Three reverberating tongs of the church bell tower. Three soul crushing collisions of metal against metal. The grating of rust. The particles of dust drifting slowly down from the rafters below the church spire. From my pew I sit, resting my feet from their courageous – no – their cowardly flight from unholy men.
You’re never supposed to find yourself alone in a muddy alley. The darkness of night crowding down onto you, the claustrophobia of the stories of brick walls. Only light at one end, like the birthing track every child born must survive. You’re never supposed to find yourself in the middle, taunted by the shadows and the clicks of unseen men.
But you will feel shame. Always shame, but for that fleeting moment when you realize you’re still breathing. That the man did not kill you. That excruciatingly brief moment when you can open your eyes and not see him. You can open your mouth and not taste the stench of him. That single, solitary moment when your brain doesn’t realize how unclean you have become. How dirty he made you. The whispers in your ear of the good girl you are, but the tearing of your insides while you internally scream out in defiance of his commanding hold.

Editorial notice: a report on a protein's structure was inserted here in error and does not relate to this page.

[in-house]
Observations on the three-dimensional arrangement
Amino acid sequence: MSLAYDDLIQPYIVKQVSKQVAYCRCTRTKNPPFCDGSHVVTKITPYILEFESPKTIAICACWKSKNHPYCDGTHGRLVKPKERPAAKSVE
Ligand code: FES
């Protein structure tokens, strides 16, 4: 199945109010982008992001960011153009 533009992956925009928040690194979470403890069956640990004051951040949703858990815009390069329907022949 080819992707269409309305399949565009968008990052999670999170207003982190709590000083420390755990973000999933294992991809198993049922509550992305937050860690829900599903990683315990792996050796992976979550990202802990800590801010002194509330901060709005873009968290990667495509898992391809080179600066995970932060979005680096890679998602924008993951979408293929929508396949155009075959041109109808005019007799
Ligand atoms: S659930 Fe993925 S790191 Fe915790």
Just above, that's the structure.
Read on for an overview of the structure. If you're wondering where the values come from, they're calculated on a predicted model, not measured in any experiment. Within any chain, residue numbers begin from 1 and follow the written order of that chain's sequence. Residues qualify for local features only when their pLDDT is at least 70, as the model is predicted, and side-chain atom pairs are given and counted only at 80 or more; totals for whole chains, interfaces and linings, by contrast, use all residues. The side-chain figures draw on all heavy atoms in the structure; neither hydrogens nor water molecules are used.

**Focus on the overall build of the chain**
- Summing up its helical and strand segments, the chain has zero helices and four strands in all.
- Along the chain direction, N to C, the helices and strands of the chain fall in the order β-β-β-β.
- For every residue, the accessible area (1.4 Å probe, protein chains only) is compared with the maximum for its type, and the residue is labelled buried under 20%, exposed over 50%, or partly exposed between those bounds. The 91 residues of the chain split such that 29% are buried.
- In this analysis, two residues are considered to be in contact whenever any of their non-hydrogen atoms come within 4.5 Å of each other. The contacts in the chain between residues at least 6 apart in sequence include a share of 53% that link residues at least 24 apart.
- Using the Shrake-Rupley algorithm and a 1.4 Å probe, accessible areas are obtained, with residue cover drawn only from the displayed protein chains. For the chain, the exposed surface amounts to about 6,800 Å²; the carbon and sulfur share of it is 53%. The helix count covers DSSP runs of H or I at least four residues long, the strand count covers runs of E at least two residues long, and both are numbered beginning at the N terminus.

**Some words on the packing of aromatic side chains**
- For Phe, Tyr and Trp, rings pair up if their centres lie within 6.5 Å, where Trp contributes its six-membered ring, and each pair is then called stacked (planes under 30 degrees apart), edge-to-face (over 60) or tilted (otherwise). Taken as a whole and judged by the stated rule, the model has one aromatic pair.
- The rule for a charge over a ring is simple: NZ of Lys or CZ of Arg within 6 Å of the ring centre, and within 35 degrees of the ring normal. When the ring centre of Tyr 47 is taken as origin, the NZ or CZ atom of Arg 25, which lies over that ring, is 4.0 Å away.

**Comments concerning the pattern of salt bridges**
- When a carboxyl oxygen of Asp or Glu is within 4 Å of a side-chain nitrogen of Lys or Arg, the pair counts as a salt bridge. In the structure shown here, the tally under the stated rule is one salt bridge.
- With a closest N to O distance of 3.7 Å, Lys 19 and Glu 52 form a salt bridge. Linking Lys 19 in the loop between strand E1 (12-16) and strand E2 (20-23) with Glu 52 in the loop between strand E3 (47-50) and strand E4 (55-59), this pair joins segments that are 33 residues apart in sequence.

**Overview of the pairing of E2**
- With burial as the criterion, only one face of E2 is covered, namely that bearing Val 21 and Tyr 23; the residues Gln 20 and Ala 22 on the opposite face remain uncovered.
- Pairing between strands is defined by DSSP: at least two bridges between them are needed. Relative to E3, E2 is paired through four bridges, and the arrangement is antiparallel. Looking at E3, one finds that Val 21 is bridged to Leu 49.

In the pew I rest my soul. In my body’s cemetery filled with holy light where only the tears of Christ can wipe away the dirt and blood which now splinters my spirit. No prayers cross my lips, no God traces footprints in my heart. The man on the stage, fumbling through his sermon dares not look down from his pulpit to this diseased, false parishioner. Weary of his position, fearful of his duty. He knows what little he can do for me. Yet to look down and face me boldly; to defy his own guilt of a man of no action – oh the fires of hell he would see in my eyes.